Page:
The mini-secchi App, available from Google play and Apple stores, aids with data collection through smartphones. The app will:

  • provide instructions for safe and correct use
  • gather all measurement data, including (optional) photos and quality control questions
  • upload measurement data to the PML server
  • in future, the app will show the user the results from nearby and recent observations.

Once data are received at PML they are immediately processed and made available in WMS/WFS format. The code example below illustrates how to query the WFS.

The Mini-Secchi disk was developed as a school project in collaboration with PML. Due to increased demand for larger quantities of Mini-Secchi disks in citizen science projects, the developers founded Brewtek to produce the devices at scale.

Added value

The device is manufactured with marine resistant materials (mostly biodegradable) using a 3D printer and basic workshop tools. It is inexpensive to manufacture, lightweight, easy to use, and accessible to a wide range of users.

It builds on a long tradition in optical limnology and oceanography, but is modified for ease of operation in smaller water bodies, and from small watercraft and platforms.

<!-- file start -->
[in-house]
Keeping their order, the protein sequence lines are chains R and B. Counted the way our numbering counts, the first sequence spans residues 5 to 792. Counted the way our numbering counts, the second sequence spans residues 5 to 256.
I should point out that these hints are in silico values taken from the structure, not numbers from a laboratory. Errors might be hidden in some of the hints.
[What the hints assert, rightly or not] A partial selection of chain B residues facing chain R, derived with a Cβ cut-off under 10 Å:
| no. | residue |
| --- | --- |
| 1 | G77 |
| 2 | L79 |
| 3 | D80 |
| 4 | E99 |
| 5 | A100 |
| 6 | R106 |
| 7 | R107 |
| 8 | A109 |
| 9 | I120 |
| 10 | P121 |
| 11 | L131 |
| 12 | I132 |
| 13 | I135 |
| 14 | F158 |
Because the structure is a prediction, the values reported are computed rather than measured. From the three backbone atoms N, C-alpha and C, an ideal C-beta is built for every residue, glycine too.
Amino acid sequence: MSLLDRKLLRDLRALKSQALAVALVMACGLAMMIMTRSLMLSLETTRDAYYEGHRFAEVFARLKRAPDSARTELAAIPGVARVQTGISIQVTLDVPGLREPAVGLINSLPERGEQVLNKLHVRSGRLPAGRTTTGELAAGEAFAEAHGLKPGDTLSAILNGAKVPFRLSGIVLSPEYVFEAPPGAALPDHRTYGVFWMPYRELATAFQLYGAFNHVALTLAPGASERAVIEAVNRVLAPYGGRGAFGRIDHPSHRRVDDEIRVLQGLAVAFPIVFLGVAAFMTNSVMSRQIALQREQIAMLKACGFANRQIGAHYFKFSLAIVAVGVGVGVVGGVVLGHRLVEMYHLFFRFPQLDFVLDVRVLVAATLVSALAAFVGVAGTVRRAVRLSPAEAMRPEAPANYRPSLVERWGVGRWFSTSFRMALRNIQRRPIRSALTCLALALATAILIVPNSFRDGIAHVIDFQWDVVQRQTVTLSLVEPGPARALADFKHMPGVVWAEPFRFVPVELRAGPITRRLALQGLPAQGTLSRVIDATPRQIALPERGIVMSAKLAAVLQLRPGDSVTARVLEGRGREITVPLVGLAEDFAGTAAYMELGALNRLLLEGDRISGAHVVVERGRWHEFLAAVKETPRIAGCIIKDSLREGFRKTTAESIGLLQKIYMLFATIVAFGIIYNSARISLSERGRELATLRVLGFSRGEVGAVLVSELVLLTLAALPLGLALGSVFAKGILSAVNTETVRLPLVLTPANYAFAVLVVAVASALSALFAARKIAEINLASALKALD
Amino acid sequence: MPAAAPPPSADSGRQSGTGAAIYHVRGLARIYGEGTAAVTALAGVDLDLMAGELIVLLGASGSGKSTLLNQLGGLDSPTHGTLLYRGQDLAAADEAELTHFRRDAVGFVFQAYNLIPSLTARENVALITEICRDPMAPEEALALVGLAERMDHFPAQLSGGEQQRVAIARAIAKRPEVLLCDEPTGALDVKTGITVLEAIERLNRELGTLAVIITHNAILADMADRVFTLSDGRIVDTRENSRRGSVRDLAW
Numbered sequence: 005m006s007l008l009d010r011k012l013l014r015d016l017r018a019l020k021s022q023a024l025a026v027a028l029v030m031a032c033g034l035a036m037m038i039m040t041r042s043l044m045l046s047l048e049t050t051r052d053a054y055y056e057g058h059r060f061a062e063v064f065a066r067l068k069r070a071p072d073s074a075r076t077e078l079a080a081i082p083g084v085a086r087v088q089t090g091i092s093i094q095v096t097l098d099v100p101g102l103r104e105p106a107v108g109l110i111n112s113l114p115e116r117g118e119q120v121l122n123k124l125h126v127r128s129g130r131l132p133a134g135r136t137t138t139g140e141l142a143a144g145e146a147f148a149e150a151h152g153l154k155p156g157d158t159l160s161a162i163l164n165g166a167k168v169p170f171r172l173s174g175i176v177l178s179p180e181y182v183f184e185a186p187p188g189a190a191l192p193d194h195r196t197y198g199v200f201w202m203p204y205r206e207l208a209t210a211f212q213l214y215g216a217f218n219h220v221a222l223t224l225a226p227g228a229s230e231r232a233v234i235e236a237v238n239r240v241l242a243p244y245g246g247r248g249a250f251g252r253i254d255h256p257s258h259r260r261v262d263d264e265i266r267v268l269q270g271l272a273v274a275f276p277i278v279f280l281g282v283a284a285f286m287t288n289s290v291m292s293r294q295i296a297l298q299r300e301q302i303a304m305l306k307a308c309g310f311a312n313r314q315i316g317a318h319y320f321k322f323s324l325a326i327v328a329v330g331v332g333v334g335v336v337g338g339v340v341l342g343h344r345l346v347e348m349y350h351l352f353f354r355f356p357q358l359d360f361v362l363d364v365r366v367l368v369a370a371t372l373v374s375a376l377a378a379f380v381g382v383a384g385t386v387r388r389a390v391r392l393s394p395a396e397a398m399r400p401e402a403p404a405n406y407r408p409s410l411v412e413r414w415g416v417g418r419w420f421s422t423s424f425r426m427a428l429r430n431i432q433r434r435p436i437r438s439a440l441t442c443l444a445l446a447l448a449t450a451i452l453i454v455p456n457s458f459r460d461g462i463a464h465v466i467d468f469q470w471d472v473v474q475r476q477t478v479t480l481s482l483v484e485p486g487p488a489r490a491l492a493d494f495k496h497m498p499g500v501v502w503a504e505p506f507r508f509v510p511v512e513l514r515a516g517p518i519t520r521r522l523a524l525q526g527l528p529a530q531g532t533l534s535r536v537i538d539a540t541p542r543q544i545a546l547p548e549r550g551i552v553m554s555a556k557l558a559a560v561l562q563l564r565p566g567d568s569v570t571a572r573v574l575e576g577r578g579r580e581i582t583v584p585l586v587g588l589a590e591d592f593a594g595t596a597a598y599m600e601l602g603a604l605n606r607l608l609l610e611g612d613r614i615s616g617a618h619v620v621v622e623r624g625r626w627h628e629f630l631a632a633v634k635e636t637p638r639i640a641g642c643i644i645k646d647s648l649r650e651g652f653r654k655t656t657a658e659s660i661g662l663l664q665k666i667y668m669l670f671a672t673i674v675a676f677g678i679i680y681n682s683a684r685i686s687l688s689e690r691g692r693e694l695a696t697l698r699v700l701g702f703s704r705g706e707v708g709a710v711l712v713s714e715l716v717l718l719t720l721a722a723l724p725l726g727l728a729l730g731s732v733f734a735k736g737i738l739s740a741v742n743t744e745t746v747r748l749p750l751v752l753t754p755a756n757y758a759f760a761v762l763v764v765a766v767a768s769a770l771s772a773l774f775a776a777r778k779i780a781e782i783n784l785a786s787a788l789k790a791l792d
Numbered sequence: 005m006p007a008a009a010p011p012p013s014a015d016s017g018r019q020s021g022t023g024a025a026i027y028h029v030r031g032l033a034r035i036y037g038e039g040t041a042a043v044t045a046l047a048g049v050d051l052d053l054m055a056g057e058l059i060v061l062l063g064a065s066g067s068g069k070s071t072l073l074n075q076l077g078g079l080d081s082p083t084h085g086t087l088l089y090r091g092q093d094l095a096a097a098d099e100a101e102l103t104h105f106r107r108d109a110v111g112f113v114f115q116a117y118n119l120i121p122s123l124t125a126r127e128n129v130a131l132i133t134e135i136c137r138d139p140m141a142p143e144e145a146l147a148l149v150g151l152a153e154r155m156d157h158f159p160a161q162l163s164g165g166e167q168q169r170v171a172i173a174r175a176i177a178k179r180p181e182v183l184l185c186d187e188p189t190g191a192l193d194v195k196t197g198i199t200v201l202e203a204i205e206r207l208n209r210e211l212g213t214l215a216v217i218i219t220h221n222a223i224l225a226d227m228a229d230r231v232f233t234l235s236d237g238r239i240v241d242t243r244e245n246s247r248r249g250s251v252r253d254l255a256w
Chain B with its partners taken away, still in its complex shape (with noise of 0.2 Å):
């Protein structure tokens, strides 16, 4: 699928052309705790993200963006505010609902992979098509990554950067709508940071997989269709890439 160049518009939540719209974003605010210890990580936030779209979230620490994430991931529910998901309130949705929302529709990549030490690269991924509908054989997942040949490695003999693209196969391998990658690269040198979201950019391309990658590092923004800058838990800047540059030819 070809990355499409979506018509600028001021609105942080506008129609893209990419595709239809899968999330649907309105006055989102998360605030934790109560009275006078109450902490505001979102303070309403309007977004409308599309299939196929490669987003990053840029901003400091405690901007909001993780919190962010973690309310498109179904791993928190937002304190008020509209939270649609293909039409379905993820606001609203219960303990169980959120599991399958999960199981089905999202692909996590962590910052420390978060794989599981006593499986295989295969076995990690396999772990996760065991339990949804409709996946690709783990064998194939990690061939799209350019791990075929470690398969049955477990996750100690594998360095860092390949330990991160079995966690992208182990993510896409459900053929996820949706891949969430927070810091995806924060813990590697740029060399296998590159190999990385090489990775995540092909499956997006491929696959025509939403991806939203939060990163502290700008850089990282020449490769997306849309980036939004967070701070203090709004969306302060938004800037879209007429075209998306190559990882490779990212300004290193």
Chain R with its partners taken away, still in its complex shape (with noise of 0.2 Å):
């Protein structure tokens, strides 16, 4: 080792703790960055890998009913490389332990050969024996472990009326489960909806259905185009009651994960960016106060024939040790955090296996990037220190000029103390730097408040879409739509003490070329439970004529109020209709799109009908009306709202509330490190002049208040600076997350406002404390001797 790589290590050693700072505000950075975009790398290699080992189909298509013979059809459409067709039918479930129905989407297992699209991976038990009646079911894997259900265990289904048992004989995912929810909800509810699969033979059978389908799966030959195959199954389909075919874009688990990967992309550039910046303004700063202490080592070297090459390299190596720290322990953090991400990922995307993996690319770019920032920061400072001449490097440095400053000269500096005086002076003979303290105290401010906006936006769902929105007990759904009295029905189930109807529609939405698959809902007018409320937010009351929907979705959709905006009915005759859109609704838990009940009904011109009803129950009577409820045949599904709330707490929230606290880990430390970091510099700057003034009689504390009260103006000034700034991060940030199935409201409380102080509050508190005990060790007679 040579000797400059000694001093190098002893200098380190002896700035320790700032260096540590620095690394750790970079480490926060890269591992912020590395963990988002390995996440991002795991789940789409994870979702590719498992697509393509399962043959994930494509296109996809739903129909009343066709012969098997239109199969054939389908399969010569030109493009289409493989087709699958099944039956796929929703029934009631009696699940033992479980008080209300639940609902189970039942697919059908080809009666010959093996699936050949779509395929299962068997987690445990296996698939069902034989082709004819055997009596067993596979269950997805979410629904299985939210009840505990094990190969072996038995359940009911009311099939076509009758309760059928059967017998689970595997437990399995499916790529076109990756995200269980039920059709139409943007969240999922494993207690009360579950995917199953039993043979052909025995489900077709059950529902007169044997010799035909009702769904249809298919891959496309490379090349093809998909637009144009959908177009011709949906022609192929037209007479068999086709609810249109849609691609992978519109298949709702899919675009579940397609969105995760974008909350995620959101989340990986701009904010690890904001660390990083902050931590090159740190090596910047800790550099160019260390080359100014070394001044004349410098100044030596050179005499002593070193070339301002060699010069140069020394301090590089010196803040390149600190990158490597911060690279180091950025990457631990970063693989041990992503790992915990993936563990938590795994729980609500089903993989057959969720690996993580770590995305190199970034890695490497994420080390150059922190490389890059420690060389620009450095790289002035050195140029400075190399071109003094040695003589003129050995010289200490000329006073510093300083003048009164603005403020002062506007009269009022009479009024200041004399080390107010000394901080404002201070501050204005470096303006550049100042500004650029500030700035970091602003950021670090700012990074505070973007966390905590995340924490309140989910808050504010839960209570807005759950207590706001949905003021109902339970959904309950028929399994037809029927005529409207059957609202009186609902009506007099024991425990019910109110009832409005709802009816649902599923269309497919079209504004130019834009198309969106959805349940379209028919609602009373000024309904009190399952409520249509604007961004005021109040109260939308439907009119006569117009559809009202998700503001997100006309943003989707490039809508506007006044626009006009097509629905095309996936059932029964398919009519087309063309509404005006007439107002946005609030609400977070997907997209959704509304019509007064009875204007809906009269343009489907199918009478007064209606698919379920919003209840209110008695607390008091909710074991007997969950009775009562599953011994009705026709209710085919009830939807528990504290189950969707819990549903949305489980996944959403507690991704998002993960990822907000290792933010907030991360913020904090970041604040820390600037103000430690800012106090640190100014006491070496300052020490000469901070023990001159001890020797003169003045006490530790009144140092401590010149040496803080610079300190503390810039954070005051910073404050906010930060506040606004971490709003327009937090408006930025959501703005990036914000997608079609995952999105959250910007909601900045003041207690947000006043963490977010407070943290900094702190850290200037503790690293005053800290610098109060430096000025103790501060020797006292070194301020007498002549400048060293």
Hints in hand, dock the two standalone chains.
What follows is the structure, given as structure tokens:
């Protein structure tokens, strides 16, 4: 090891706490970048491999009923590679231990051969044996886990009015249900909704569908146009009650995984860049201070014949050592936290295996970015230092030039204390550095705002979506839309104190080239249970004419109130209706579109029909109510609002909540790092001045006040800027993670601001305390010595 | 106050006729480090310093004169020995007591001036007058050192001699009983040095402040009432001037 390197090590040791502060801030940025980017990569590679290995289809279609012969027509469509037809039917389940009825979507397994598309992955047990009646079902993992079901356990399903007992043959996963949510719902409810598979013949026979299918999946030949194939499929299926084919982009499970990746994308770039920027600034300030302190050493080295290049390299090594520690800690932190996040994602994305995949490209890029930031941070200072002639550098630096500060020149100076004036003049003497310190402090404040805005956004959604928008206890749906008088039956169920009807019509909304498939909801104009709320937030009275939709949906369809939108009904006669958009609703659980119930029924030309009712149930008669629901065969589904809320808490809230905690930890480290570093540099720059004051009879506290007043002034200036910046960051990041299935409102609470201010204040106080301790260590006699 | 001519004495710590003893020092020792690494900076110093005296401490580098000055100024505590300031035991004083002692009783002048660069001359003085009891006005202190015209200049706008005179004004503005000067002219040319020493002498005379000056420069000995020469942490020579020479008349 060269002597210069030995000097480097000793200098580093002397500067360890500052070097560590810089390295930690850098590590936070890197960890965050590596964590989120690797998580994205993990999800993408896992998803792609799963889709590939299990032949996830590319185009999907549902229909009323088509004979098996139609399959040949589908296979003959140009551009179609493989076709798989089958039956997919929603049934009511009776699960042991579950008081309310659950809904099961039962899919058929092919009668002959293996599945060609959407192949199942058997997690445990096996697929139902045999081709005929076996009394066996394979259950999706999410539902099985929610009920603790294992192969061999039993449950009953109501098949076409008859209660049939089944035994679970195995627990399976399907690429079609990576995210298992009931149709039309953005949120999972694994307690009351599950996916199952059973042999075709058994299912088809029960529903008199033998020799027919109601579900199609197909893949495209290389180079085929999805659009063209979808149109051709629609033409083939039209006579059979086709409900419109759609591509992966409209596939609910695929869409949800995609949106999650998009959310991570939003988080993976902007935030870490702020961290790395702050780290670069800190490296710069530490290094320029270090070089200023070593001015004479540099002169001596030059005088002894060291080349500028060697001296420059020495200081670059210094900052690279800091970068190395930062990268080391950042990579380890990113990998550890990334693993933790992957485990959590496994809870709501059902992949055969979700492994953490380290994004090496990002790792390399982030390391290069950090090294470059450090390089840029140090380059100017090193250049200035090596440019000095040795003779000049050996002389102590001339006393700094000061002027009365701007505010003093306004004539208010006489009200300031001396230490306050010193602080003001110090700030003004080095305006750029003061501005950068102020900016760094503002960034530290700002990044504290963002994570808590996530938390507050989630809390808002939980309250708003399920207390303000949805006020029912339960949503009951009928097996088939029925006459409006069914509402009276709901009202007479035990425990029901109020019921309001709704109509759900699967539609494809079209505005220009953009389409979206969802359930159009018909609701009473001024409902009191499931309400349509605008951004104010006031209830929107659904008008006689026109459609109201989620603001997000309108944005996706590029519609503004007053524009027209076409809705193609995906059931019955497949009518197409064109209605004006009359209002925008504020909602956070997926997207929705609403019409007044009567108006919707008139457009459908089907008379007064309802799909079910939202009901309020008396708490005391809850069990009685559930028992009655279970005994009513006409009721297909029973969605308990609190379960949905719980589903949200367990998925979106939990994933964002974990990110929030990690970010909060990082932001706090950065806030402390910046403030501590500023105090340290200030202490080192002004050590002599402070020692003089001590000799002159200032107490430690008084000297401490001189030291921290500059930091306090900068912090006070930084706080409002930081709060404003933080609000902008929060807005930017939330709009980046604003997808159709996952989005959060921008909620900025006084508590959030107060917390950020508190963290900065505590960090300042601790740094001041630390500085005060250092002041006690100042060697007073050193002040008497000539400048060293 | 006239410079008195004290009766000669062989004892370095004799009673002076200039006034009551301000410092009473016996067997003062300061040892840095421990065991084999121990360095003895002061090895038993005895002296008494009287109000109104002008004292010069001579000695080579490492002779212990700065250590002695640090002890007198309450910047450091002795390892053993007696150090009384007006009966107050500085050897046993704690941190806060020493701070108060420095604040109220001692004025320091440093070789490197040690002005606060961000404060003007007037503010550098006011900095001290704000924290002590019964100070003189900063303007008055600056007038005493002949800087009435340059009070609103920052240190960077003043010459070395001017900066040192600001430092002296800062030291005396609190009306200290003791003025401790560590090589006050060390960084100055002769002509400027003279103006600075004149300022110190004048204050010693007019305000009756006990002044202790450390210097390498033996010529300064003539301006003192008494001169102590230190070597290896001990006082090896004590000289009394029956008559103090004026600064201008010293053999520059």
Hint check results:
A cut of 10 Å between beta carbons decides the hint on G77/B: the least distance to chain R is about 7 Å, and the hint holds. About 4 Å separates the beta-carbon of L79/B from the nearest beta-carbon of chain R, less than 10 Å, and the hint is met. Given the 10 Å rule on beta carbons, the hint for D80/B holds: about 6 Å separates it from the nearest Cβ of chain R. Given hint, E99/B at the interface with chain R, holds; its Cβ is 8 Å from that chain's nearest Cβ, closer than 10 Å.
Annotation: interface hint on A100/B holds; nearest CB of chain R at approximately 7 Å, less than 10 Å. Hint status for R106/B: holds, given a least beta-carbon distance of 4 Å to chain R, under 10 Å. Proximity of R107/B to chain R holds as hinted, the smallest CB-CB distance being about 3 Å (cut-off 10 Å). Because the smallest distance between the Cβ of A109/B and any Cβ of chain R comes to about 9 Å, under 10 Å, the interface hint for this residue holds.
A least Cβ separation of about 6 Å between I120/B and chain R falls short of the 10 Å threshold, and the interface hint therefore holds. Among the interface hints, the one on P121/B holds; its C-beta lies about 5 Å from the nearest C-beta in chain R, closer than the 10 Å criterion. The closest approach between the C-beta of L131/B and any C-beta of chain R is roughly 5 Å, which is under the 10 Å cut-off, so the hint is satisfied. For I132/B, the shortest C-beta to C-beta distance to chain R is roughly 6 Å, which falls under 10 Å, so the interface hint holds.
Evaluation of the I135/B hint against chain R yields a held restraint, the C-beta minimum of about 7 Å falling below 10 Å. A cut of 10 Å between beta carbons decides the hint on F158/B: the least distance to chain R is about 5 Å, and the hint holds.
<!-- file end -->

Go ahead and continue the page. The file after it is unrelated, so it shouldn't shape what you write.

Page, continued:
The 3D-printable design is particularly useful in community, educational and hobbyist settings. For more information see the Mini-Secchi disk pages on the project website

Functionality of the Mini-Secchi disk and app

Note: Mini-Secchi disk data on the geoserver are still a work in progress. Data formatting is likely to change, and test records have not yet been removed.

Minimum code example

from monda.minisecchi import access
import datetime

start_date = datetime.datetime(2022,1,1,0,0,0)
end_date = datetime.datetime(2022,8,1,0,0,0)

geoserver_layer = 'rsg:minisecchi_public_view'
bbox = None  # alternatively supply a tuple of (corner1 lat, corner1 lon, corner2 lat, corner2 lon)

response = access.get_wfs(count=1000, timewindow=(start_date, end_date), layer=geoserver_layer, bbox=bbox)

data = response['result']